- The container/vehicle and packages are properly marked, labelled and placarded, as appropriate
- When substances presenting a risk of asphyxiation are used for cooling or conditioning purposes (such as dry ice (UN 1845) or nitrogen, refrigerated liquid (UN 1977) or argon, refrigerated liquid (UN 1951)), the container/vehicle is marked in accordance with 184.108.40.206; and A dangerous goods transport document, as indicated in 5.4.1, has been received for each dangerous goods consignment loaded in the container/vehicle
- NOTE: The Container/Vehicle Packing Certificate is not required for tanks.
220.127.116.11 The information required in the dangerous goods transport document and the container/vehicle packing certificate may be incorporated into a single document. If not, these documents shall be attached one to the other.
If the information is incorporated into a single document, the document shall include a signed declaration such as
“It is declared that the packing of the goods into the container/vehicle has been carried out in accordance with the applicable provisions”
- This declaration shall be dated and the person signing this declaration shall be identified on the document.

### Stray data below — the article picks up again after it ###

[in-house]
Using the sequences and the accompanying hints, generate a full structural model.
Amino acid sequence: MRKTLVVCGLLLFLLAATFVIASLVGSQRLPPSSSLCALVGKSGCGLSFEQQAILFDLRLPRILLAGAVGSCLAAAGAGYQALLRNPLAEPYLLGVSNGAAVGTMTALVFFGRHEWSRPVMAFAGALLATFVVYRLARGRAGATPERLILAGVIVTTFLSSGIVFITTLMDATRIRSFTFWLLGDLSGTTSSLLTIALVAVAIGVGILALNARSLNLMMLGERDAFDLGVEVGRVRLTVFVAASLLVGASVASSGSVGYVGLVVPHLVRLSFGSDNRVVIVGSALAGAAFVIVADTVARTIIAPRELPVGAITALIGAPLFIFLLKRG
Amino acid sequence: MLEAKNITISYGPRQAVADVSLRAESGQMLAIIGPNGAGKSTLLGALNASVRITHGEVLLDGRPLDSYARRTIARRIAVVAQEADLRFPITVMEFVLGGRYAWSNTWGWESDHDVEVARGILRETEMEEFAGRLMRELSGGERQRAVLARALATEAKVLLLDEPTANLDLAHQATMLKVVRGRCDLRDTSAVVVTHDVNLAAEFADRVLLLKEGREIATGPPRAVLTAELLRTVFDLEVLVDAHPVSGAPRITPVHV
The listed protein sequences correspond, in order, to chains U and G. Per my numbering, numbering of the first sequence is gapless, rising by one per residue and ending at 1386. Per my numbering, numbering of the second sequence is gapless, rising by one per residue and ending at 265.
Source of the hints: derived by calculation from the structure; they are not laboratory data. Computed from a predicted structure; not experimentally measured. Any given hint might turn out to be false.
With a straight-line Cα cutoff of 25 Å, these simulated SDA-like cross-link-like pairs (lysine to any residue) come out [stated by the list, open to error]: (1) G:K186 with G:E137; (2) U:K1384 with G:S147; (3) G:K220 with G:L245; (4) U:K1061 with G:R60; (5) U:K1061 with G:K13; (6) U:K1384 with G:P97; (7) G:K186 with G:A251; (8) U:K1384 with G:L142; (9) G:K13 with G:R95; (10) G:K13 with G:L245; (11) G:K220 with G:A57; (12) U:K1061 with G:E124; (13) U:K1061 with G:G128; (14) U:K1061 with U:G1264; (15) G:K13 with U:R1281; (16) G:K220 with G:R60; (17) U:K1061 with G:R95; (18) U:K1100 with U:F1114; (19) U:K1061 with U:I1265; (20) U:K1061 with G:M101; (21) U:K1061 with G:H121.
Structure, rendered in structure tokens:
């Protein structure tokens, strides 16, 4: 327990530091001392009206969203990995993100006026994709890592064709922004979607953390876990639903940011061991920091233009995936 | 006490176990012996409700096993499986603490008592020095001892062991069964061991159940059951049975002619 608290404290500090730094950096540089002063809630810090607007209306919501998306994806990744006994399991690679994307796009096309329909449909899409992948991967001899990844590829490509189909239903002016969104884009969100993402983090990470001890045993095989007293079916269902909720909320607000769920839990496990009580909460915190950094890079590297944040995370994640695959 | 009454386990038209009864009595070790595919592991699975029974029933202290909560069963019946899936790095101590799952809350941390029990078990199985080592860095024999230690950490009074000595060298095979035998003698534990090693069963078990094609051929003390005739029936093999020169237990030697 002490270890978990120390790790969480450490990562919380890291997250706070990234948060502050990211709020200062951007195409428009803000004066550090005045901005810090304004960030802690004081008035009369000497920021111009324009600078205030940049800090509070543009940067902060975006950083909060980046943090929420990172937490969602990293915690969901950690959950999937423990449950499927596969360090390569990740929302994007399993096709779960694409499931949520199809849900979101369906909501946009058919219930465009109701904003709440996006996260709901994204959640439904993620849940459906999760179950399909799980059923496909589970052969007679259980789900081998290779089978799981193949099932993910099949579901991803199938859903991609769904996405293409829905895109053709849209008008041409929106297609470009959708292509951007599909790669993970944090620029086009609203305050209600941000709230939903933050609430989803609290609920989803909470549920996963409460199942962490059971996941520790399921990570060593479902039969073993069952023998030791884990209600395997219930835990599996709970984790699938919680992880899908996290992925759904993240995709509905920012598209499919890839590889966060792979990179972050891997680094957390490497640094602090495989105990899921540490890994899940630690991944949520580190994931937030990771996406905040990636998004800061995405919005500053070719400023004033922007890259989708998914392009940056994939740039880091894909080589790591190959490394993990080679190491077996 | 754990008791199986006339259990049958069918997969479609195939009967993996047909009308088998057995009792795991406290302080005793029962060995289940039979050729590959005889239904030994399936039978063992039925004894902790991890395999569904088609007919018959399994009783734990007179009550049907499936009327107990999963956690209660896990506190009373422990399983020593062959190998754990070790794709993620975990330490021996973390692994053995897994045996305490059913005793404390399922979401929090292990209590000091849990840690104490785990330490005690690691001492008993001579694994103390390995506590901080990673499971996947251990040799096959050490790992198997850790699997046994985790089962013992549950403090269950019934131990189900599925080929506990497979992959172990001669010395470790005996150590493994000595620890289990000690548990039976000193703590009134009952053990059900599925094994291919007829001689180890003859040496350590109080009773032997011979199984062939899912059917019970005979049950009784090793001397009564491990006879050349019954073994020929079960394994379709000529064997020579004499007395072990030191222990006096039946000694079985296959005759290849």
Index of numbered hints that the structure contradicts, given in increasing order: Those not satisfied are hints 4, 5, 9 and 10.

This requirement is met by a signature and completion of box 20 of the 5.4.5 Multimodal Dangerous Goods Form
Interpretation of responsibilities
If the consignor loads dangerous goods, which includes:
- securing and correctly segregating the whole load for sea transport
- placards the cargo transport unit for sea transport
- closes the whole container/vehicle prior to transport to the ship
they are then responsible for signing box 20 of the 5.4.5 Multimodal Dangerous Goods Form However, if the consignor passes the goods to another organisation for carriage, a process commonly known as groupage, then that secondary organisation (e.g. consolidator, carrier or forwarder) is responsible for the whole process of
- correctly segregating the load
- placarding for sea transport and closing the container/vehicle prior to transport to the ship
In this case it is not the original consignor but the secondary organisation who should then sign box 20 of the 5.4.5 Multimodal Dangerous Goods Form, relating to all the dangerous goods in the container/vehicle (or should complete one Container/Vehicle Packing Certificate for the entire load if that is more convenient).
- Note: The consignor should be aware that if they sign, or are asked to sign, the Container/Vehicle Packing Certificate, then they take responsibility for the correct stowage etc of their own and any other goods subsequently loaded in the container/vehicle prior to transport to the ship.
An operator or master shall not accept for carriage, or take or receive on board a ship any dangerous goods for which a document and signed certification has not been provided.
In addition, any personnel involved in the transport of dangerous goods by sea must have received training commensurate with their responsibilities in transporting dangerous goods by sea.
Dangerous Goods Environmental Policy Branch Maritime and Coastguard Agency